in fact, given the increased US involvement and the general unrest in the Middle East it probably pushed back their goals somewhat
Not at all. It made the position of Islamist groups that were arguing from more moderate positions, and generally preferred a democratic transition to their goal (like Muslim Brotherhood and its offshoots), much weaker. At the same time, it made the position of groups arguing for violent jihad much stronger - especially since, with foreign intervention in Muslim countries, they could declare jihad to be fard ayn (individually obligatory for any observant Muslim) on scriptural grounds. It also created lots of martyrs.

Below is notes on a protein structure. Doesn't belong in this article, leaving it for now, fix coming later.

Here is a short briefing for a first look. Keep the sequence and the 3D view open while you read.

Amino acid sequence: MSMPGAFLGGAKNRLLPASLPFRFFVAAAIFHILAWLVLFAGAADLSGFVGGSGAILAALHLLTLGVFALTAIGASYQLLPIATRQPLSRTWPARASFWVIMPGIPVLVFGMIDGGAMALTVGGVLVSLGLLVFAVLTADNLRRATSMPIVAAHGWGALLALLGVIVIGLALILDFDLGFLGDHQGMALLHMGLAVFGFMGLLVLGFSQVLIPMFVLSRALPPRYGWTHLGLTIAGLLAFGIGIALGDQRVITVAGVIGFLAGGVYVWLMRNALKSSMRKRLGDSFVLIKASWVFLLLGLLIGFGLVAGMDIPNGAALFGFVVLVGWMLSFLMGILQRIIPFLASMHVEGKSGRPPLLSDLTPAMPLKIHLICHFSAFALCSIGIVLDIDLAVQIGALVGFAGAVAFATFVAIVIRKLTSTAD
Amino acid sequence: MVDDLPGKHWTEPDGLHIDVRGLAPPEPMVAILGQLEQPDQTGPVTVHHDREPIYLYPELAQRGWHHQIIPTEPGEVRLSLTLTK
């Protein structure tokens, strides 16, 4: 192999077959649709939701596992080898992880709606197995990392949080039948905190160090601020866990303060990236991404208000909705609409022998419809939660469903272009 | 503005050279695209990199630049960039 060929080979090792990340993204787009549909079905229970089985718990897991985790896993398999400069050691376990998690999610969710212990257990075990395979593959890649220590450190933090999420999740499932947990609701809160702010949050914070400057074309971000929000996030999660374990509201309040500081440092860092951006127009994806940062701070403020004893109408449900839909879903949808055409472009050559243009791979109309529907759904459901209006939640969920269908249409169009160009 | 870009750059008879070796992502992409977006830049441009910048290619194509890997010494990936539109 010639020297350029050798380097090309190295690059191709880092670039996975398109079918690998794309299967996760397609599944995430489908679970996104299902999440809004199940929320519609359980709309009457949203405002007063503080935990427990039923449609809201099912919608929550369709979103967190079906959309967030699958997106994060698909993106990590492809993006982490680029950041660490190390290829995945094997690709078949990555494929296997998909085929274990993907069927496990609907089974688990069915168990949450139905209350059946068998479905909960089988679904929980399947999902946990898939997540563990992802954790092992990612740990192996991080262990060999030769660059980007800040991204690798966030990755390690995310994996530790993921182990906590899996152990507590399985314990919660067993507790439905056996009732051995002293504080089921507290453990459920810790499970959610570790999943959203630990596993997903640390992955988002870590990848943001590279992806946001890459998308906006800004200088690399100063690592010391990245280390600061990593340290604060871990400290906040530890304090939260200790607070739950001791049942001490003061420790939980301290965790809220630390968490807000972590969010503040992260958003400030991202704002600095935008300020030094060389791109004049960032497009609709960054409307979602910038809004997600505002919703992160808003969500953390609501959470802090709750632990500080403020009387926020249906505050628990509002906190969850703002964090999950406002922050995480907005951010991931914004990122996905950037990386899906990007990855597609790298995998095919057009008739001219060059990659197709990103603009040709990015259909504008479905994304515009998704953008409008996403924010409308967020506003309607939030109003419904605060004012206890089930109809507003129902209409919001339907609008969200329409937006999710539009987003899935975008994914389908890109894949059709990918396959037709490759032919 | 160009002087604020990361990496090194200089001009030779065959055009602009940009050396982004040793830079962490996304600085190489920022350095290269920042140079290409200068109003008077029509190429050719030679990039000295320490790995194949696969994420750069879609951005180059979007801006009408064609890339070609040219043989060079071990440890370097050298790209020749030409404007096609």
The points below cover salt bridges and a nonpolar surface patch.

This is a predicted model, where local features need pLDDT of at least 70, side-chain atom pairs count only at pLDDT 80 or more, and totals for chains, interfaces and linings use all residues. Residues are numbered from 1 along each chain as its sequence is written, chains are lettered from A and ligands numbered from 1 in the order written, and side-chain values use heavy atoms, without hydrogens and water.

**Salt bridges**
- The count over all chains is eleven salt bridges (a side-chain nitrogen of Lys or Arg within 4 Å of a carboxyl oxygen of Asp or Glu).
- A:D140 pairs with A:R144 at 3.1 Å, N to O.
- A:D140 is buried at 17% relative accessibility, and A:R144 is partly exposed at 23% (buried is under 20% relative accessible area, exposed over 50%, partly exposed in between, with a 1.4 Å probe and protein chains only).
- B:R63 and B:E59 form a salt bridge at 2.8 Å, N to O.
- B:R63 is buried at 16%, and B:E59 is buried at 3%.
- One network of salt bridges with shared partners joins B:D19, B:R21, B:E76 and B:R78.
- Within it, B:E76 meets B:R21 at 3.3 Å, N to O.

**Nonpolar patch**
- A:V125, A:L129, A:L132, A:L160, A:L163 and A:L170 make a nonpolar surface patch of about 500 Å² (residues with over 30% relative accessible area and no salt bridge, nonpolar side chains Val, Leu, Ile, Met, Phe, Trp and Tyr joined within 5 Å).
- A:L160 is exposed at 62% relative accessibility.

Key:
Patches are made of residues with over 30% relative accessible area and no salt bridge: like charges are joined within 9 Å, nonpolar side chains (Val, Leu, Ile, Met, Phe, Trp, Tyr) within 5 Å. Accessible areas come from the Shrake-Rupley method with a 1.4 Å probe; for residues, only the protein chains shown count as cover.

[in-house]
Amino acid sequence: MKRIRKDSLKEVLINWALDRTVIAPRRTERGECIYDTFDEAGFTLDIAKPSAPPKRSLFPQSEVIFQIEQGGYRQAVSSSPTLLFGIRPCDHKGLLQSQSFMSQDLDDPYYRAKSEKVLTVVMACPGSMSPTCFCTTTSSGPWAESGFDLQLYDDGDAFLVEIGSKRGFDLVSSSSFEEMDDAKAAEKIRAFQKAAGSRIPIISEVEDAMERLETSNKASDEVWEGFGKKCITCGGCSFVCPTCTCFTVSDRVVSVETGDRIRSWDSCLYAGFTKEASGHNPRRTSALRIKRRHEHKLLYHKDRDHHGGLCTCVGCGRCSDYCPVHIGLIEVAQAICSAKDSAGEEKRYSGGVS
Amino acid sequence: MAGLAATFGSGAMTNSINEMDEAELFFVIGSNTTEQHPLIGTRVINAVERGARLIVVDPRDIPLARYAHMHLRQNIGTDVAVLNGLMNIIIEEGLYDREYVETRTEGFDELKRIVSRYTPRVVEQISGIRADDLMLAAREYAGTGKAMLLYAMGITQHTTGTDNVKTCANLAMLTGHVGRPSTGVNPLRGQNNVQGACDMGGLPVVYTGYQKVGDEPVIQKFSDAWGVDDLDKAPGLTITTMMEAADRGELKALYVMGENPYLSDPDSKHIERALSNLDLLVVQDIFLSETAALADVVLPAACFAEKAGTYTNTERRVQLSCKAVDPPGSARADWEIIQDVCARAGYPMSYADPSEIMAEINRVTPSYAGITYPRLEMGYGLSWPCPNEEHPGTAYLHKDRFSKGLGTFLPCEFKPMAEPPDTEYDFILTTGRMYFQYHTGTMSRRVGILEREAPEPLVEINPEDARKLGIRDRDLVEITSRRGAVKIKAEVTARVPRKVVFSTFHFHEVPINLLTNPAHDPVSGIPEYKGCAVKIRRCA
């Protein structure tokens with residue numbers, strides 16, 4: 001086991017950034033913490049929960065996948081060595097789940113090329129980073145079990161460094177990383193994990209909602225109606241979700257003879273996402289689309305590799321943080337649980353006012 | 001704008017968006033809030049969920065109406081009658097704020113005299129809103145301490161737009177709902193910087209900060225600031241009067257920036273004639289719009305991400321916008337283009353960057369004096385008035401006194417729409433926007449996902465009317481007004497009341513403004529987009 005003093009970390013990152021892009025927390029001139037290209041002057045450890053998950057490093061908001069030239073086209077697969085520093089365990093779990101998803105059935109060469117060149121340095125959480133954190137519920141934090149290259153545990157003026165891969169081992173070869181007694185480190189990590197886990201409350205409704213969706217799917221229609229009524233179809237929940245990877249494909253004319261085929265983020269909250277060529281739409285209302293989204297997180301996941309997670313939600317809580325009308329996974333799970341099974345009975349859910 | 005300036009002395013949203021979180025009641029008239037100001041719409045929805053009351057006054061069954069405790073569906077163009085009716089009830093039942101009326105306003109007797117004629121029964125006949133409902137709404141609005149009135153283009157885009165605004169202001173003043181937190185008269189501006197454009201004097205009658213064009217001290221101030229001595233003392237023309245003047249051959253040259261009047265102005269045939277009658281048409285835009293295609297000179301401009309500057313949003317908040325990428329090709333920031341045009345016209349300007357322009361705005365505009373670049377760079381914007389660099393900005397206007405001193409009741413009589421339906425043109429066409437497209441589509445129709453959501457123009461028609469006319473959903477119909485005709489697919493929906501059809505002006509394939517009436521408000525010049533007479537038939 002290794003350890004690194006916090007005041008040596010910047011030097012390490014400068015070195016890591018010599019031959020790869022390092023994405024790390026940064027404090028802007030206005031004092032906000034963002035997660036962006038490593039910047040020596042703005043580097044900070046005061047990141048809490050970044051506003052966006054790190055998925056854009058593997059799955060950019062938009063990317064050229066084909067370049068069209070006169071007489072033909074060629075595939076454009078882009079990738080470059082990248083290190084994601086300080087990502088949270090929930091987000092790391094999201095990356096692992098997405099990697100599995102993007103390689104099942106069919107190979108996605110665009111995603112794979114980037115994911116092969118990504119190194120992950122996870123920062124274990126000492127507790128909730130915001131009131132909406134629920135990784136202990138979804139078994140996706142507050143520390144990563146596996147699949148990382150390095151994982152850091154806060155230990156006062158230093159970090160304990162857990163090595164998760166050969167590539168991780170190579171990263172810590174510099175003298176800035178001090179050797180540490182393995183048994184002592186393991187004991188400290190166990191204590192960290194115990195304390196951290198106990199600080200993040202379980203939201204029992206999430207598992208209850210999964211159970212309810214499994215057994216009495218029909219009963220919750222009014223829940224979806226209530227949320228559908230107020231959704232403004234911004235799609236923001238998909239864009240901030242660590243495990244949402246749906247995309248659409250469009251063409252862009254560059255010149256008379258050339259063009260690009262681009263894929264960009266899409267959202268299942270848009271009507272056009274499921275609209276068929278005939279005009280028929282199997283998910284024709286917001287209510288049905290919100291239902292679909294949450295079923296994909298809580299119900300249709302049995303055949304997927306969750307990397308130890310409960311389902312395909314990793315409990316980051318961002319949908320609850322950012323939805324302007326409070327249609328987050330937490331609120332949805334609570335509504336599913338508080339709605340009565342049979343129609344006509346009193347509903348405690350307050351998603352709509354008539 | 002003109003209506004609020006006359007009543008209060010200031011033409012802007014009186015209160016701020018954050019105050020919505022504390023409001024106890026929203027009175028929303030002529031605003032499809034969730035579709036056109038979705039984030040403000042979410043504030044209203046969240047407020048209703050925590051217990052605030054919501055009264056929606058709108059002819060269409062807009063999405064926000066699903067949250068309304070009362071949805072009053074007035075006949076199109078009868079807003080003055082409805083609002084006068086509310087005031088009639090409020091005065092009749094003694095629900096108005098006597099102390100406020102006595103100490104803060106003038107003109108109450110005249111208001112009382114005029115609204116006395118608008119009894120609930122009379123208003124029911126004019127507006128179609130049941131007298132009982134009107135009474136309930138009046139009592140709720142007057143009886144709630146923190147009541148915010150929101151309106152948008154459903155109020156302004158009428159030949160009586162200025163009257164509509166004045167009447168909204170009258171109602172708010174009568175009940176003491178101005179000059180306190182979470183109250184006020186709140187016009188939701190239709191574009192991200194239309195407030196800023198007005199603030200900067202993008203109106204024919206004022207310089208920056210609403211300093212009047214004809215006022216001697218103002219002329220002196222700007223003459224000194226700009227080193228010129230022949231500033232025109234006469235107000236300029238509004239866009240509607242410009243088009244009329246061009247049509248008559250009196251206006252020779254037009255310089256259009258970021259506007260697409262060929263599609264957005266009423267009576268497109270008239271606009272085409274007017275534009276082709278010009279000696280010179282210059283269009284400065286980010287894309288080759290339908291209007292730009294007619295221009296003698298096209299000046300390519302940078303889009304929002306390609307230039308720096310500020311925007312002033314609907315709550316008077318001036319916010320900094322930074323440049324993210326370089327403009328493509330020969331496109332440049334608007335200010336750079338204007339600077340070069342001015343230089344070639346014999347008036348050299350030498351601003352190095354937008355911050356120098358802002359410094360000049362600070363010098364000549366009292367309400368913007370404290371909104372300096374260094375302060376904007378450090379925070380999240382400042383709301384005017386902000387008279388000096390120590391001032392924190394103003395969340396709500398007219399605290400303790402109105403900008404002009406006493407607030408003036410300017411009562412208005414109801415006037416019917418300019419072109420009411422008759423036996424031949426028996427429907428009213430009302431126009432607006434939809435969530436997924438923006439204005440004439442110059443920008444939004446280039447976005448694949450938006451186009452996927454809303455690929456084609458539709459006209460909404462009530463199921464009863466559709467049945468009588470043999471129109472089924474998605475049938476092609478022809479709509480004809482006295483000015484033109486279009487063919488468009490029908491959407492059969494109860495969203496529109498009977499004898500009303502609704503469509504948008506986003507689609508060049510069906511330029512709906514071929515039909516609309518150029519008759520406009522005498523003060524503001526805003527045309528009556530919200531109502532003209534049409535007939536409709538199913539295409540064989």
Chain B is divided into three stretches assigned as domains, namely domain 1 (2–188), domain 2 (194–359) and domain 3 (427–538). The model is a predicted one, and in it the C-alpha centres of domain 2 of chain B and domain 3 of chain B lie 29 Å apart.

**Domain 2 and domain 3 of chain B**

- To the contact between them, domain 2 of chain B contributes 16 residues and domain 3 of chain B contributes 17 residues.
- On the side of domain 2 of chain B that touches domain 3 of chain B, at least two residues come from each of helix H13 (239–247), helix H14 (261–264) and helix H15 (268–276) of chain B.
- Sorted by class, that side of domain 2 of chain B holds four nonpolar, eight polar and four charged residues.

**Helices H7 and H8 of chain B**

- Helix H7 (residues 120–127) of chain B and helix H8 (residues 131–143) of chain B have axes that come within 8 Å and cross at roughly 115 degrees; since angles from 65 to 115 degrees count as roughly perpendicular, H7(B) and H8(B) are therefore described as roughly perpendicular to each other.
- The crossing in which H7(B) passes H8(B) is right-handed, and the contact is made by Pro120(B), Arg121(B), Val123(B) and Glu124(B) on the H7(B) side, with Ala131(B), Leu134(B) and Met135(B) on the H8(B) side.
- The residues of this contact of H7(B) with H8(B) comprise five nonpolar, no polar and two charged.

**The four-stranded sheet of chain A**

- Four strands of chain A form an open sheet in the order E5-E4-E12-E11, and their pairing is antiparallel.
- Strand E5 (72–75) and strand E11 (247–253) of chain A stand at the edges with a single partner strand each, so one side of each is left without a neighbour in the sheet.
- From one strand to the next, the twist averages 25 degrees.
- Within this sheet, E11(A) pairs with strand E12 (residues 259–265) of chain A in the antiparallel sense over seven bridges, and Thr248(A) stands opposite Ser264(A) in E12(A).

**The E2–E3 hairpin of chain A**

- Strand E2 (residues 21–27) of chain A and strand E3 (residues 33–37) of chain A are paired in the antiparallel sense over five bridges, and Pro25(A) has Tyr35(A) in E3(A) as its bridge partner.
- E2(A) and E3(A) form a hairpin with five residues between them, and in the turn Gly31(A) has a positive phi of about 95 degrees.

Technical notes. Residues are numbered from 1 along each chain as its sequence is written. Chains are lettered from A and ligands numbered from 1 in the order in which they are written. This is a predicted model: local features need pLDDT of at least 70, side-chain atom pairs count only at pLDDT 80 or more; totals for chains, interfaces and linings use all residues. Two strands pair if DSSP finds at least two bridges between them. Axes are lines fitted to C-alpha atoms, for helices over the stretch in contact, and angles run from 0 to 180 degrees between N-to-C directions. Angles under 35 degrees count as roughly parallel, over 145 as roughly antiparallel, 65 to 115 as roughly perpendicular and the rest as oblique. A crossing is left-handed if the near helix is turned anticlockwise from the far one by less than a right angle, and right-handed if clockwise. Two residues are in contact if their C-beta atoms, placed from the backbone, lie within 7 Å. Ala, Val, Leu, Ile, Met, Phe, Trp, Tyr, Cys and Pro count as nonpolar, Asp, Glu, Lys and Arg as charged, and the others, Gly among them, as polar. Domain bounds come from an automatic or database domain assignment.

Think about where things were before the intervention, and where they are now. Taliban is rapidly regaining control over Afghanistan, and in the meantime Tajikistan and Kyrgyzstan are also rapidly Islamized by similar Salafist strains. In Pakistan, military and intelligence are stuffed with Taliban-friendly Islamists. In Iraq and Syria, large swaths are under control of an armed jihadi group that has officially declared itself to be the Caliphate, and which practices the version of Islam that even many other extremist Salafi organizations find too brutal - and they keep expanding territory and getting a steady influx of volunteers. Volunteers, I must add, that come from our own countries, and are in many cases not only our citizens by law, but are born and raised here within our culture - and yet falling under the influence of extremist preachers who convert them. Do you really think that we could see anything on that scale without the free (to them) advertising that the West gave to jihadis?